On top of that, Rushton’s research endeavors continuously received funding from the Pioneer Fund, an American organization whose founder is recognized as a Nazi-sympathizer. The fund’s original mandate was to pursue “race betterment” by promoting reproduction of those “deemed to be descended predominantly from white persons.” Put simply, they were proud white nationalists who supported the sterilization of those they deemed “unfit” and were anti-immigration, while vocally distancing themselves from Nazism. The group funded race-related studies that could “prove” inherent racial differences — usually differences that demonized black people. Rushton went on to become the president of the Pioneer Fund in 2002.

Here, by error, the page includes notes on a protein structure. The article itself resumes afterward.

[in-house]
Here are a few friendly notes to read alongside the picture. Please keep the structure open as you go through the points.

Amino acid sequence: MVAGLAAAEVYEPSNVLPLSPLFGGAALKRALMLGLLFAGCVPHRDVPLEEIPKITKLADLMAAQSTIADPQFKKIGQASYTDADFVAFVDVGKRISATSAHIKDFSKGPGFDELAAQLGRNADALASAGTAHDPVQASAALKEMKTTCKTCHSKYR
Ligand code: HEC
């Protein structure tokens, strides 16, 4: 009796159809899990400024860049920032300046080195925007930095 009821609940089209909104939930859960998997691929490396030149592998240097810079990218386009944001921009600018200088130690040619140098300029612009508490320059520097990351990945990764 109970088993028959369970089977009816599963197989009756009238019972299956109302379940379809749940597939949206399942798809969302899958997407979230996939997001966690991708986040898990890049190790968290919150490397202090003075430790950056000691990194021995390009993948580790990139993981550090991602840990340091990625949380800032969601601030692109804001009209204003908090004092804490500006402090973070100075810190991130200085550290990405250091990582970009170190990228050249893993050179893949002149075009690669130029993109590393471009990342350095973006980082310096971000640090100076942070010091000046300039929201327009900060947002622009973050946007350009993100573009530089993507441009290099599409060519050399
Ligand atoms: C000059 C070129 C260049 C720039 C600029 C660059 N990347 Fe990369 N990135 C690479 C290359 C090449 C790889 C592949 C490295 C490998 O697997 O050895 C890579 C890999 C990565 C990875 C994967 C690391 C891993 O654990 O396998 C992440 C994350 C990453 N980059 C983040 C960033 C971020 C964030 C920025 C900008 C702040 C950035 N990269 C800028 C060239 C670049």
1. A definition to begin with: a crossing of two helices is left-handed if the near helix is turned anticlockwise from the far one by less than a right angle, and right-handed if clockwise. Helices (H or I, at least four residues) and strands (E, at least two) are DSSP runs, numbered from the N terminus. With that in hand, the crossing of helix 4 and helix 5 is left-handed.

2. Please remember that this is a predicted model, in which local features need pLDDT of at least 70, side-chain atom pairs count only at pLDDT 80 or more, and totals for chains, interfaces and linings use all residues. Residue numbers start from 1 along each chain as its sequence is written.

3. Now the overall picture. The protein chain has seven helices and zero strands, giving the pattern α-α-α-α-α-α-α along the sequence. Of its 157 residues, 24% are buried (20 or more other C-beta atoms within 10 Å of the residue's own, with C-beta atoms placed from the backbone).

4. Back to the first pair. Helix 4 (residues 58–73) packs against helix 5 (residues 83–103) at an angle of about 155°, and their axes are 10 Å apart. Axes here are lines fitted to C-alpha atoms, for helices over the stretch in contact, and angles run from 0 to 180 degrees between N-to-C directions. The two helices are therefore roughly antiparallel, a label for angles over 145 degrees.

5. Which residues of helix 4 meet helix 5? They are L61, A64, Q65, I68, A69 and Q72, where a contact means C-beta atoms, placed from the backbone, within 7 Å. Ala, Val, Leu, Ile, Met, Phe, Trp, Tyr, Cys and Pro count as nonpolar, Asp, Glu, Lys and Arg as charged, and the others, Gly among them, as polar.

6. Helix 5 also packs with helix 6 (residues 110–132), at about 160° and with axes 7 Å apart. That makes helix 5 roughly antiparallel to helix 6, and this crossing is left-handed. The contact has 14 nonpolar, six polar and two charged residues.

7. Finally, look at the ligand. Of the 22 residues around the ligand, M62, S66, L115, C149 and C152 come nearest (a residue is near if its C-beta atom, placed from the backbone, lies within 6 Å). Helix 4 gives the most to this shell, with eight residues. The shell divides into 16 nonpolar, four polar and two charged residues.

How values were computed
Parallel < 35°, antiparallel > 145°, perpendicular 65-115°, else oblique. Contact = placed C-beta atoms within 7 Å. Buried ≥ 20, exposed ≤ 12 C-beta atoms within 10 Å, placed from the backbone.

If you don’t already see a theme in his work, in 1995, he published Race, Evolution and Behaviour, where he emphasized that black people have “larger genitals, breasts, and buttocks” which were physical characteristics he equated with having a small brain. Whenever he was criticized for his work, he vehemently denounced his critics as being too “politically correct,” which was a convenient defense for his bigotry.